Yes we can!
Here's a timely legal memorandum from our Conservation Clinic at our University of Florida Levin College of Law. See below. It's here: https://www.law.ufl.edu/_pdf/academics/centers-clinics/clinics/conservation/resources/moratoria.pdf
Since St. Johns County Commission unanimously enacted a unconscionable moratorium on legal medical marijuana clinics, adopted by 3/4 of voters in 2016, we DON'T have to imitate the late, great Fred Rogers (Mr. Rogers' Neighborhood), and ask,
"Can you say that? Moratorium? I knew you could!"
There's no a precedent. Let's get to work.
Before further destruction and devastation and sprawl and waste, we need a growth moratorium. Now.
II. Relationship to waterfronts
Currently waterfront communities are losing public access at an alarming rate as marinas all over the state shut their doors to the public and convert to dockominiums,4 fishing businesses close their doors and sell their land for residential development, private but open-to-the-public boat ramps close their doors to the public, and fewer boat repair facilities remain on the water.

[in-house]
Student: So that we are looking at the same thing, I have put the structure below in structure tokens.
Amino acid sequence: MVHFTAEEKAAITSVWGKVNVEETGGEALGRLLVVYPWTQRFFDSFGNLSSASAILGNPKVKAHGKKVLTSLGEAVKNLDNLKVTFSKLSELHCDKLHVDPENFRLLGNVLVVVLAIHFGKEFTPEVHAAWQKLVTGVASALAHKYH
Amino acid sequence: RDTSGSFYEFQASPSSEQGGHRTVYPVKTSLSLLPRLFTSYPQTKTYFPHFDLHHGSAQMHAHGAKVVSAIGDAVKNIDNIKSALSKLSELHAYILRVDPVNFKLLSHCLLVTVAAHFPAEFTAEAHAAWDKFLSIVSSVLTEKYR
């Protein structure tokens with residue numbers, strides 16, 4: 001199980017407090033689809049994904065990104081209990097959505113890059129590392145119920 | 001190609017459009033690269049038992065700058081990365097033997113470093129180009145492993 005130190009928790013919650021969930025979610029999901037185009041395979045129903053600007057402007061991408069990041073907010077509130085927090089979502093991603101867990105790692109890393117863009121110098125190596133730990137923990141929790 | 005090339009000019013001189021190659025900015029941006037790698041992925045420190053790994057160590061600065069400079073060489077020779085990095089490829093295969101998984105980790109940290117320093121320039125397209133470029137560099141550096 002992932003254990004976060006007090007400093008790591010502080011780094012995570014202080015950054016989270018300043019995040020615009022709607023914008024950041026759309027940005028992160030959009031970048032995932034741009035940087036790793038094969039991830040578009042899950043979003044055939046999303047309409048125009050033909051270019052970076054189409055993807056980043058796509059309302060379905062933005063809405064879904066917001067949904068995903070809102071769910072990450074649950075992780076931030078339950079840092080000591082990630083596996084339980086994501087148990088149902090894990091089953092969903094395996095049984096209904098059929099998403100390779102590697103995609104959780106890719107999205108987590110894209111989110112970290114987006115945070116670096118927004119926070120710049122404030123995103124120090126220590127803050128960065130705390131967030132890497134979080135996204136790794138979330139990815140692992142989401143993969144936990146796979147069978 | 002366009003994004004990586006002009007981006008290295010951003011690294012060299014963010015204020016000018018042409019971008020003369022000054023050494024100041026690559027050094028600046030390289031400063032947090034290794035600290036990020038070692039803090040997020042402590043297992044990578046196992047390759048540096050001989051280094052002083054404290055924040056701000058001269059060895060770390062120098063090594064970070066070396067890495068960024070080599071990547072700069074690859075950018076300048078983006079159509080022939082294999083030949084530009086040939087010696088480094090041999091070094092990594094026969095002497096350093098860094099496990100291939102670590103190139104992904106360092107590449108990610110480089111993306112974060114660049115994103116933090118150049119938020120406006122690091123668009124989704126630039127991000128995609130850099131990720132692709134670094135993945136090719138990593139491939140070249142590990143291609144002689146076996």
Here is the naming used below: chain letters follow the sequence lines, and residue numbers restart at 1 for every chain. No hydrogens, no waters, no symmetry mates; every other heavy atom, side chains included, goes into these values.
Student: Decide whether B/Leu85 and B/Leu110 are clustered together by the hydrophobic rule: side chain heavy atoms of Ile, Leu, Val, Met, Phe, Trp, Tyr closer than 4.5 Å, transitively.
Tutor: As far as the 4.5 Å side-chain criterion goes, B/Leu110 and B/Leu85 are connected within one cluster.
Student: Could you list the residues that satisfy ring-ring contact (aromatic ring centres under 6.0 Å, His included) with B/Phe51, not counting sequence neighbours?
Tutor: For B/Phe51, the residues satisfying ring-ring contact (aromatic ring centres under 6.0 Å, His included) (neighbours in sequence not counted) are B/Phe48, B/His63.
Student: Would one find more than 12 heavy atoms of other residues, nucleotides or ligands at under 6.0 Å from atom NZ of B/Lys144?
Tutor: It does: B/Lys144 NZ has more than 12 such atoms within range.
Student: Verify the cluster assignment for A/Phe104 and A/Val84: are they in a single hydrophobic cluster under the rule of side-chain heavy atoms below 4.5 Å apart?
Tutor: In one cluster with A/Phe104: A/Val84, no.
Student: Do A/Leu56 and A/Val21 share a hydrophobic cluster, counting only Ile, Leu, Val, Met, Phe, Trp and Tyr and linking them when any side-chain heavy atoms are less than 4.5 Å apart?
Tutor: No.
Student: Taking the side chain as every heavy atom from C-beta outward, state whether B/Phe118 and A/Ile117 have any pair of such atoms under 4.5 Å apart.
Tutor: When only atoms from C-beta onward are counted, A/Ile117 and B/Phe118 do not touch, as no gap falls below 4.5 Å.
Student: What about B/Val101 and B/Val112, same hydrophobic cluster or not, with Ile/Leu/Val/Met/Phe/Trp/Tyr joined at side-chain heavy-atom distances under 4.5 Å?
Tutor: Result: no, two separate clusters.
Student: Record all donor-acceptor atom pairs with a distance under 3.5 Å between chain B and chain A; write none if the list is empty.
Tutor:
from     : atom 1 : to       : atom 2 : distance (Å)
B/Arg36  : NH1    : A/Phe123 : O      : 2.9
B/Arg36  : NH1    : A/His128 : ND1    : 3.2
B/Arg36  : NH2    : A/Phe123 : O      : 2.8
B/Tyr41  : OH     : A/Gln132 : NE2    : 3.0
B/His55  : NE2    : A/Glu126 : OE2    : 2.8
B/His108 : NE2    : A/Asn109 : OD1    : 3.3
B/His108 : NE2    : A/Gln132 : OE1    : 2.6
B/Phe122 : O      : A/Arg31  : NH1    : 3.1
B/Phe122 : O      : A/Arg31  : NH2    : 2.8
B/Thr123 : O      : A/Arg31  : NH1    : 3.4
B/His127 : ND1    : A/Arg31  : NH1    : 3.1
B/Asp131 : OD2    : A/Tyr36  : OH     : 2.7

Communities, the Department of Community Affairs, and the Florida Legislature have begun to respond to these changes. Assessing the problem, developing solutions, and implementing solutions require time, yet the loss of public access remains rapid. Moratoria present a legal tool that a community may utilize to temporarily halt loss of public access through conversion of recreational and working waterfronts to residential uses until the community can evaluate and implement integrated processes that seek to preserve public water access.5
III. Legal Issues
While the U.S. Supreme Court has stated that a temporary taking of property requires compensation,6 Supreme Court precedent does not indicate that moratoria on
1 Tahoe-Sierra Preservation Council, 216 F.3d 764, 777 (9th Cir. 2000).
3 Id.; Keshbro, Inc. v. City of Miami, 801 So.2d 864, 874-75 (Fla. 2001).
4 See, e.g. St. Petersburg Times, Will Van Sant, County Loses Out in Marina Deal, Again, (May 5, 2006), www.sptimes.com/2006/05/05/Northpinellas/County_loses_out_in_m.shtml.
5 Many waterfront communities in Florida also use moratoria on development and repair as a tool for prioritizing after a disaster such as a hurricane. See, e.g. Marco Island code of ordinances § 6-178 et. seq.: Lee County code of ordinances § 13 1⁄2 - 58.